Stabbing pains

Alice Mills in The Times: Chindamo stays – and I’m proud of it
Chindamo is clearly British, having lived here since he was 6 years old. He speaks no Italian, appears to have no connections with Italy other than the accident of citizenship, and grew up in North London. To try to pretend that he is not a British problem, grown on British streets, fostered through a British education system, is a further abrogation of responsibility by the Government. Would that it were so simple; would that we could just deport this social problem, Mr McNulty, sweep it under an imaginary Italian carpet.

This human rights ruling is so wrong - Sue Carrol in The Mirror:
The Home Office, at least, are said to be incandescent over the decision made by the tribunal and will appeal. Good. But there's a broader issue here. The level of discord between government offices suggests that the right hand has not a clue what the left is doing. And if Human Rights legislation was introduced for the greater good, why has it left Frances Lawrence more broken, defeated and demoralised than she was on the horrendous day she lost her husband to a killer's blade?

Sorry?!  ...'more broken, defeated and demoralised than she was on the horrendous day she lost her husband to a killer's blade?' Really? That is something, if true, I find difficult to get my head around. But Mrs Lawrence also seems rather confused:
She (Mrs Lawrence) conceded that, had she been a judge on the appeal panel, she too would probably have decided that Chindamo had a right to stay in Britain. The law (a combination of human rights legislation and EU immigration regulations, on both of which Chindamo won) is clear. Yet the politicians have wrongly given the impression that Chindamo would be deported on release. Why? Because it’s an easy headline in the face of public hysteria over youth crime, immigration, and in particular the deportation of foreign prisoners. But Chindamo was always going to be a different case to the adult asylum-seeker who robs, rapes or murders.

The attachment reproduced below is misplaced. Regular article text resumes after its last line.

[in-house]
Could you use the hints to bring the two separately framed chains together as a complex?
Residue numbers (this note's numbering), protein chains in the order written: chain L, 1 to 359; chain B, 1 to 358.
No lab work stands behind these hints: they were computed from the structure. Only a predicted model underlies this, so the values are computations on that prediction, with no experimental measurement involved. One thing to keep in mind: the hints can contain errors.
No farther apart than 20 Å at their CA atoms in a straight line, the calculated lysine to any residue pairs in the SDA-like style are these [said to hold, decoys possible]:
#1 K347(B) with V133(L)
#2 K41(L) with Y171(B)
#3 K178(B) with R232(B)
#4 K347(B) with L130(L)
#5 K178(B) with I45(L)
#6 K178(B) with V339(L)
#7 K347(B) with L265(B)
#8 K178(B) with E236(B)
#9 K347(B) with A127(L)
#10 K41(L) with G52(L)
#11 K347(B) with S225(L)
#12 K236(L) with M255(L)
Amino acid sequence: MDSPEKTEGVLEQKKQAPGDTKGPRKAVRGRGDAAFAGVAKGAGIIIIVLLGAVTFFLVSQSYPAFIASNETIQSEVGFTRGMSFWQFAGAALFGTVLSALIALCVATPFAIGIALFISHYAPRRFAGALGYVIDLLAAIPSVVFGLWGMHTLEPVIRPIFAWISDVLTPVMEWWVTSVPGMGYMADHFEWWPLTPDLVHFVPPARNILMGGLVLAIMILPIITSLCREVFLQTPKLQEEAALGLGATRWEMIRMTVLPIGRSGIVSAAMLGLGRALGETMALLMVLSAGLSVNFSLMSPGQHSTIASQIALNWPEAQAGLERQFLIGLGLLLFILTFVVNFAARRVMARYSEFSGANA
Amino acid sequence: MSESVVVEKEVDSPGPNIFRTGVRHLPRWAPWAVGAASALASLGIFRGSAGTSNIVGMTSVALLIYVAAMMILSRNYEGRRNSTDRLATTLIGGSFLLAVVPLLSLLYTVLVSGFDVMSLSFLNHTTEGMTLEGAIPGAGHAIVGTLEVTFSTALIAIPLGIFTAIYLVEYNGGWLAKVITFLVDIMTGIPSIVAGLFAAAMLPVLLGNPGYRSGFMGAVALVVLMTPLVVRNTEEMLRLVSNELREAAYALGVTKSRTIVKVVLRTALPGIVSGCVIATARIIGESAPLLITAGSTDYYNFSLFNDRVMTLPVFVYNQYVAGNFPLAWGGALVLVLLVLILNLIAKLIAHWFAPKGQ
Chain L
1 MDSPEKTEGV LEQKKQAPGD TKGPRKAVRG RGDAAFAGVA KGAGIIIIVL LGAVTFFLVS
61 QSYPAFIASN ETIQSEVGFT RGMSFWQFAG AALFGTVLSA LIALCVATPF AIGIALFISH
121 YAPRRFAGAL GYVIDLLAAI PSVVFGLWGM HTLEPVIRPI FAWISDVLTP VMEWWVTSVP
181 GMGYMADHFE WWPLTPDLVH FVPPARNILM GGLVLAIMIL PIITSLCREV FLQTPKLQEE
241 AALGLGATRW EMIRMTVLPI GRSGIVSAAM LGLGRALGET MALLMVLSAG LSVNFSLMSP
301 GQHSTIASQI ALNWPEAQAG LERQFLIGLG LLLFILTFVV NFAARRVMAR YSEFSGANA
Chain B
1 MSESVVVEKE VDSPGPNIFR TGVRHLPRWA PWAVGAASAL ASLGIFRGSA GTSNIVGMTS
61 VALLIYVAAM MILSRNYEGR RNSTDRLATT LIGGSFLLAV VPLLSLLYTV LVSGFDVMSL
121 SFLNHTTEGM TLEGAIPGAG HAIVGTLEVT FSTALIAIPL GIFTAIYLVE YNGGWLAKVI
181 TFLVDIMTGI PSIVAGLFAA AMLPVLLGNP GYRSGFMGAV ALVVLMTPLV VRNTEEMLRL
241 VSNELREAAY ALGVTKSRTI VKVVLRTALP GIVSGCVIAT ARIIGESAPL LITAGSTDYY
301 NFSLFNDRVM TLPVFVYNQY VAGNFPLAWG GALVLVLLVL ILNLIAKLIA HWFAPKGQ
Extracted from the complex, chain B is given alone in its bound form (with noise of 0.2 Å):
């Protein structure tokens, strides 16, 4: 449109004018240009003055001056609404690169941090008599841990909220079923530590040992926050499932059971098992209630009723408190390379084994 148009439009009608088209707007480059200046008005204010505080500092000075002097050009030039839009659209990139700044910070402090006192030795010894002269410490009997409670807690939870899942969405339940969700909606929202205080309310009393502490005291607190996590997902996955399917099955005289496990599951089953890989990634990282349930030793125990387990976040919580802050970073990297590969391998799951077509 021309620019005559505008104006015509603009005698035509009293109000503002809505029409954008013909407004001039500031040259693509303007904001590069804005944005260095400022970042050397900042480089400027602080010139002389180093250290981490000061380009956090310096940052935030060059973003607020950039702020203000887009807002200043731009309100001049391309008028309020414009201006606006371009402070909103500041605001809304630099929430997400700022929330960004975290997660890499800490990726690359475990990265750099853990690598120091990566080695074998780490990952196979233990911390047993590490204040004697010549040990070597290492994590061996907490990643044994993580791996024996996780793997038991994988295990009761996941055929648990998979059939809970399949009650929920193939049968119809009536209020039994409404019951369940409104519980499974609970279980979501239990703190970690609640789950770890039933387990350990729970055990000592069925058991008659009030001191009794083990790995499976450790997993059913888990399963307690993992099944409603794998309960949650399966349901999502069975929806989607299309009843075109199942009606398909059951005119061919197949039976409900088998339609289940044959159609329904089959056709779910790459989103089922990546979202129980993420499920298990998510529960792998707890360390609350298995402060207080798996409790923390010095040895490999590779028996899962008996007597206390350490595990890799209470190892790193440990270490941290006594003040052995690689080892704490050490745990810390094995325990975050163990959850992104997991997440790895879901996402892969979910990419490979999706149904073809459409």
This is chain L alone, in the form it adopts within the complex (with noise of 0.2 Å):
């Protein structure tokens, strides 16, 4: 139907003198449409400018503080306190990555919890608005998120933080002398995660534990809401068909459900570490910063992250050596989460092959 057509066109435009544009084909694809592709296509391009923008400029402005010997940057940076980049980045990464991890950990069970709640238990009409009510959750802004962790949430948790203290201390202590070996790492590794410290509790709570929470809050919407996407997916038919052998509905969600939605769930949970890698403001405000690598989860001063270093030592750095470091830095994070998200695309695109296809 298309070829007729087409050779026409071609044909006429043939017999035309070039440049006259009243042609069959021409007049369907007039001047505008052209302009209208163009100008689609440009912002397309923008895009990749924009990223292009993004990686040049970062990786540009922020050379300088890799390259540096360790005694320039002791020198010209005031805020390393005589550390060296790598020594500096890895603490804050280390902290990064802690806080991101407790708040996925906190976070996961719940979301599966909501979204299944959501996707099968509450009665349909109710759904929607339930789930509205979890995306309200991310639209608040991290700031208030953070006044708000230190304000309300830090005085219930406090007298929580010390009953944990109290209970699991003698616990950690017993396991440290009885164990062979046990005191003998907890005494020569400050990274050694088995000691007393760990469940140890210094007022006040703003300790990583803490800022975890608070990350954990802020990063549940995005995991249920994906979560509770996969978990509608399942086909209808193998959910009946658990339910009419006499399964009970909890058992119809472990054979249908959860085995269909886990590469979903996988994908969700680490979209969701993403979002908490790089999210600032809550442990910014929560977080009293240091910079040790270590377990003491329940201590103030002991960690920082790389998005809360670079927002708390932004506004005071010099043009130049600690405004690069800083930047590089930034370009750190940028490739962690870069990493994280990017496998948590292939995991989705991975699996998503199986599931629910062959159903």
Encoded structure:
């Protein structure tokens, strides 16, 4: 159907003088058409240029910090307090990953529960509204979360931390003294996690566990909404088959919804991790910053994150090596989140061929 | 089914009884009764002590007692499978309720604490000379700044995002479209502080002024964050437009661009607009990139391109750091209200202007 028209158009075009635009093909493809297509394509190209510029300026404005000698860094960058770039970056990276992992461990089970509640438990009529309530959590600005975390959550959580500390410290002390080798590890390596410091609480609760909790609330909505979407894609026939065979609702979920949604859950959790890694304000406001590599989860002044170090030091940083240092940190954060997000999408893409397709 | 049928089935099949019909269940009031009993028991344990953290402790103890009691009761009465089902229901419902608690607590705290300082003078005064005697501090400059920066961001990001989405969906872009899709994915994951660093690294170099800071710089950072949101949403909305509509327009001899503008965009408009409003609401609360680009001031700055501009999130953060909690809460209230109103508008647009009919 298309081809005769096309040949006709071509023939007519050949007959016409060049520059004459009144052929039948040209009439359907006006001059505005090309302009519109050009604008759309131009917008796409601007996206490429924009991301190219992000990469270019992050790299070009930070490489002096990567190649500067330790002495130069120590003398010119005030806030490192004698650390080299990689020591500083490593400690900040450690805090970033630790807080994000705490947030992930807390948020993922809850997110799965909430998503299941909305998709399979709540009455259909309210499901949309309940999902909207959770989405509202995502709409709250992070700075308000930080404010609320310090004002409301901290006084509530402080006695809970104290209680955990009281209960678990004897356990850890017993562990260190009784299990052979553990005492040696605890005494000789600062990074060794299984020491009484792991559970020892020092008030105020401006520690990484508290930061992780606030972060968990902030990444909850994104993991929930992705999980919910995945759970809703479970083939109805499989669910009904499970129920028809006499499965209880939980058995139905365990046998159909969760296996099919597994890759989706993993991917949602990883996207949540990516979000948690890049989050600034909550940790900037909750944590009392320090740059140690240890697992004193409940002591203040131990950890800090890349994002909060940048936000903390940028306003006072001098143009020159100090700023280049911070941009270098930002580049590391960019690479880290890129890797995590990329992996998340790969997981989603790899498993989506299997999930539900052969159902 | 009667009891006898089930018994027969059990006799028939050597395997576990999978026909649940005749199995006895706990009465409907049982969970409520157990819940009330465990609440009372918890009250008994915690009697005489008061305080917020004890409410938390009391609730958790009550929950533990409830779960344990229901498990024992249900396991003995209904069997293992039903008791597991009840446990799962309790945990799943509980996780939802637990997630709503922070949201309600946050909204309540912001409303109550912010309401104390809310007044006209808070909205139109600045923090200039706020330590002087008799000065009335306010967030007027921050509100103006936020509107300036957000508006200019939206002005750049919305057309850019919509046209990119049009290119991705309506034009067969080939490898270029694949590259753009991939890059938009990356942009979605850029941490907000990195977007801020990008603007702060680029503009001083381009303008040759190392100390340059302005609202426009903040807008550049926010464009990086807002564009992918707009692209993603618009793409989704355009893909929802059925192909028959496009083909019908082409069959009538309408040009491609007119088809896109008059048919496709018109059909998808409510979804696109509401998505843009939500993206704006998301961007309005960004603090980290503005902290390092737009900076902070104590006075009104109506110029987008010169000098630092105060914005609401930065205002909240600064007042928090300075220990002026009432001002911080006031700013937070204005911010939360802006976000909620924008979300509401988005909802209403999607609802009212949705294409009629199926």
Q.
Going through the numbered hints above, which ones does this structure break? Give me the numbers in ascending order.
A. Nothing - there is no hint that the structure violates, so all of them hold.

Having admitted that Chindamo probably has the right to remain in the UK, having admitted that much of her furiously devastated reaction is due to shock because she was led to believe otherwise, and having so admirably said that she wishes him well and a positive life – “it’s never given me any pleasure to see a young man locked away” – Mrs Lawrence added that she wanted “humanity” to overturn the law in this instance. “In this case it’s to try and say the law is not always what must be our context; humanity is more important . . . people feel so confused, that their needs and fears are second place, squashed by some bureaucratic, insensate law.” But to draw the conclusion that “humanity” should therefore override the rule of law is, however understandable, wrong. The rule of law developed to put humanity on a legal, equal footing; it is an attempt, however imperfect at times, to deliver humanity objectively to everyone. The decision to allow Chindamo to remain in the UK is in fact a perfect expression of that humanity, and I feel proud to live under a system that ultimately took the decision to allow him to stay.

Me too.

(My earlier post on this is HERE)